Further, our survival depends on our ability to understand how objects and systems function (systematizing capability), and to infer other people’s thoughts and intentions (empathizing capability). Although almost all males and females can do both adequately, males seem to have a slight edge in systematizing and females in empathizing. Memory involves recalling the general concept and also the factual knowledge that underlies the concept. Females seem to have an edge on factual recall and males on conceptual recall. Navigation strategies use geometric cues and the recall of landmarks. Males seem to depend more on geometric cues and females on landmarks. The typical male stress response is a fight/flight aggressive response, but in females it’s often a tend/befriend nurturing response.
These and other reported overlapping gender differences create interpretive dilemmas. What we do know is that: (1) Males and females are structurally and behaviorally much more similar than different; (2) differences don’t imply that one cognitive property or strategy is necessarily better than another; (3) measurable differences must be interpreted in light of the within/between factor in normative research studies that compare group scores on human properties, capabilities, and behaviors (such those listed above). The range of scores within each group is larger than the difference between the mean scores of the two groups. For example, consider height differences in large normally distributed male and female groups. The difference between the tallest and shortest person in each gender group will be greater than the difference between the average heights of the two groups of males and females. Thus, some females will be taller than some males in normative groups, even though the total population of males averages 7% taller than females.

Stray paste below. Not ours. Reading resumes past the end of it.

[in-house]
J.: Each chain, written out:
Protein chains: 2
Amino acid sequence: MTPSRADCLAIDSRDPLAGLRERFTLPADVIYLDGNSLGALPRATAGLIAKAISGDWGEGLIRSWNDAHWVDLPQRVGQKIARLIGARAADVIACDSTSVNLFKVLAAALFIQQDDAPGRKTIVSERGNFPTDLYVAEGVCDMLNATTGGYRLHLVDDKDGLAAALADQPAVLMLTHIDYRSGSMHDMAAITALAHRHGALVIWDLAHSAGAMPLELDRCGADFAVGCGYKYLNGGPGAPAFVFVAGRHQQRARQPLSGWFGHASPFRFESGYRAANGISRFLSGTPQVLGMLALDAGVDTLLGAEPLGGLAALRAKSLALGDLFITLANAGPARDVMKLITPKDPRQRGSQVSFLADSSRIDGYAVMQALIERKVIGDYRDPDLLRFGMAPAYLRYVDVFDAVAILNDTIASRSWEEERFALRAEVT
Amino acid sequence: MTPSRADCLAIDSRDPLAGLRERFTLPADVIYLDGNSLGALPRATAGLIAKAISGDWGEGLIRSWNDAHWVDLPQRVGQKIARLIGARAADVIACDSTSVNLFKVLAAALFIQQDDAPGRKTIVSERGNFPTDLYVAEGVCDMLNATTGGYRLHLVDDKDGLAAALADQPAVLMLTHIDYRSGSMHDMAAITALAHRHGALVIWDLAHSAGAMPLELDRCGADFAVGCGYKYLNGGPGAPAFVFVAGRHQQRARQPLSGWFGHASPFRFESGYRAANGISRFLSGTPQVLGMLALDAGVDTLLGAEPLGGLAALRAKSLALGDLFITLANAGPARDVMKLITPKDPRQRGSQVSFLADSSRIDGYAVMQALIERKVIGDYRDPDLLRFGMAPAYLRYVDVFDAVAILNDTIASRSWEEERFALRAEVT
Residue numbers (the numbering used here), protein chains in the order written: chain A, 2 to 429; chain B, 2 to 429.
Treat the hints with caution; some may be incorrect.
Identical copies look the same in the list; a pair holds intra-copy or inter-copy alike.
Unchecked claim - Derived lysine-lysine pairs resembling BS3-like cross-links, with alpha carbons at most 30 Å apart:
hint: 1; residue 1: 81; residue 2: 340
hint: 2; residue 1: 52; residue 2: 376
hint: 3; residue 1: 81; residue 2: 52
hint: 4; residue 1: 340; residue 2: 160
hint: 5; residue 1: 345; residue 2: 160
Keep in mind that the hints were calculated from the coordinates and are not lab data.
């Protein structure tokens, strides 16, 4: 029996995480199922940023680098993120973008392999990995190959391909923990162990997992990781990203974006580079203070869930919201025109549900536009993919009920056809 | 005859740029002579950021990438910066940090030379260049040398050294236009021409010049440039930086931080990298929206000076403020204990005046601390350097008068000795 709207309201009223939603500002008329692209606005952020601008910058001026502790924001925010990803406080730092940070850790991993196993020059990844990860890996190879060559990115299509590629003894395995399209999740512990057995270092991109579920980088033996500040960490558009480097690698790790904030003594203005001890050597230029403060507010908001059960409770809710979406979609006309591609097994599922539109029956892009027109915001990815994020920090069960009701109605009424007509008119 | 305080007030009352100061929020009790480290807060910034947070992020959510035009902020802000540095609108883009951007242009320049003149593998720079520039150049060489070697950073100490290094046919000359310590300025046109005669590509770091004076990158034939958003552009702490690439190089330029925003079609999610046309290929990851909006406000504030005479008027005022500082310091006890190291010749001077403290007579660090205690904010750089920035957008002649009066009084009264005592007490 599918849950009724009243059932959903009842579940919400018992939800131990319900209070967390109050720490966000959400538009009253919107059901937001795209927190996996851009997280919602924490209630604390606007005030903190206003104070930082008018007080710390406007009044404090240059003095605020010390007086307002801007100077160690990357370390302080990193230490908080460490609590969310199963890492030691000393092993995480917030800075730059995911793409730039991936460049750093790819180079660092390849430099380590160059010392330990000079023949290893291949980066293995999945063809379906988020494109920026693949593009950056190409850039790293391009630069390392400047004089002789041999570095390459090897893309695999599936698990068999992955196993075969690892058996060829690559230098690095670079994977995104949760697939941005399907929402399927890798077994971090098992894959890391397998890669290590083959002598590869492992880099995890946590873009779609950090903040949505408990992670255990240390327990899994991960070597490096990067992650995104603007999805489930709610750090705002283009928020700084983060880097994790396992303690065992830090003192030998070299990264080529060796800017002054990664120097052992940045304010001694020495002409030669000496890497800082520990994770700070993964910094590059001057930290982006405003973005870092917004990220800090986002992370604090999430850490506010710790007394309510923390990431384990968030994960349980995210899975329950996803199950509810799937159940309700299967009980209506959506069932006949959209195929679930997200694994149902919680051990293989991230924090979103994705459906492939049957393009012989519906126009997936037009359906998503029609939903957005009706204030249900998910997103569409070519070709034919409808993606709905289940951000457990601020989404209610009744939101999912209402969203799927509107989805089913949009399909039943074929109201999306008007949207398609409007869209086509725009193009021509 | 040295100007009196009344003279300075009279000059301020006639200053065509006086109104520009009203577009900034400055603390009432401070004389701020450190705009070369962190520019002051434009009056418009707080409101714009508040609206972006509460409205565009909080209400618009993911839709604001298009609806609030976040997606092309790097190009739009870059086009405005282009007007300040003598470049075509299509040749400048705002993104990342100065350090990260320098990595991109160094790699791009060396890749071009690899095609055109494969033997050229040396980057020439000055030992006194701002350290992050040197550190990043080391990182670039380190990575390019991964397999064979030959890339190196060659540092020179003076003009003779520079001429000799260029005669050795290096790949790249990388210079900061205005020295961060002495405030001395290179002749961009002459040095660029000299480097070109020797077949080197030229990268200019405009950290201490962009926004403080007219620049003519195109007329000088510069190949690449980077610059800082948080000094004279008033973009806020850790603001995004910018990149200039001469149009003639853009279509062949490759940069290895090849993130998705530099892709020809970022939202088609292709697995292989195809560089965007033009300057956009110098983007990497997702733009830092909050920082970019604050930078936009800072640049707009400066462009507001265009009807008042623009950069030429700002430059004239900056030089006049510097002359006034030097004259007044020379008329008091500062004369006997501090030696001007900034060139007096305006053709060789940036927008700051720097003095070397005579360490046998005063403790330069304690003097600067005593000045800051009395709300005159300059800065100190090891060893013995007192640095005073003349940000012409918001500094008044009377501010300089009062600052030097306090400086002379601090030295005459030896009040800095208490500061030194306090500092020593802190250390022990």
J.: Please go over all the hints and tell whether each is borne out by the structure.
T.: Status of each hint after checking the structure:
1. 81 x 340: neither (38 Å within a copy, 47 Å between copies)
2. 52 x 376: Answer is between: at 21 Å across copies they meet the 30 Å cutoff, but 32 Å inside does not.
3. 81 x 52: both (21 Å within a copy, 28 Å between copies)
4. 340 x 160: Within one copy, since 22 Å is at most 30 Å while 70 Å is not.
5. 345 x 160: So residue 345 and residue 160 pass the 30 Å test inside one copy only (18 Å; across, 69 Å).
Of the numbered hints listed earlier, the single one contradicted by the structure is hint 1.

Group differences thus only show group tendencies; they don’t predict for any single person in either group. So although it’s possible and appropriate to report general observations about male/female differences, it’s inappropriate to stereotype—to use a general observation about a group to predict the properties, capabilities, and behavior of any individual male or female within the group.
Last month’s column further suggested that it’s inappropriate to argue that only genetic or only cultural factors (and not a mix of the two) led to the difference.
Gender-related cultural phenomena such as marriage, sports teams, and clothing styles are currently in flux. We went through a contentious period a generation ago in which many were disturbed when men started to wear longer hair; and we’re now going through a period in which some female students want to join the wrestling team or become the football team’s place-kicker. Same-sex marriage is perhaps just another step on a path of gender redefinition we’ve already been traveling for some time. Is marriage thus a phenomenon that should only involve two separate and pure gender categories, or should marriage be redefined as a personal public bonding commitment between two people, irrespective of where each falls on the gender continuum?
So the issue comes down to how we should now define the concepts of male and female, considering recent biological thought and discovery on the issue. We’ll tackle that difficult issue next month.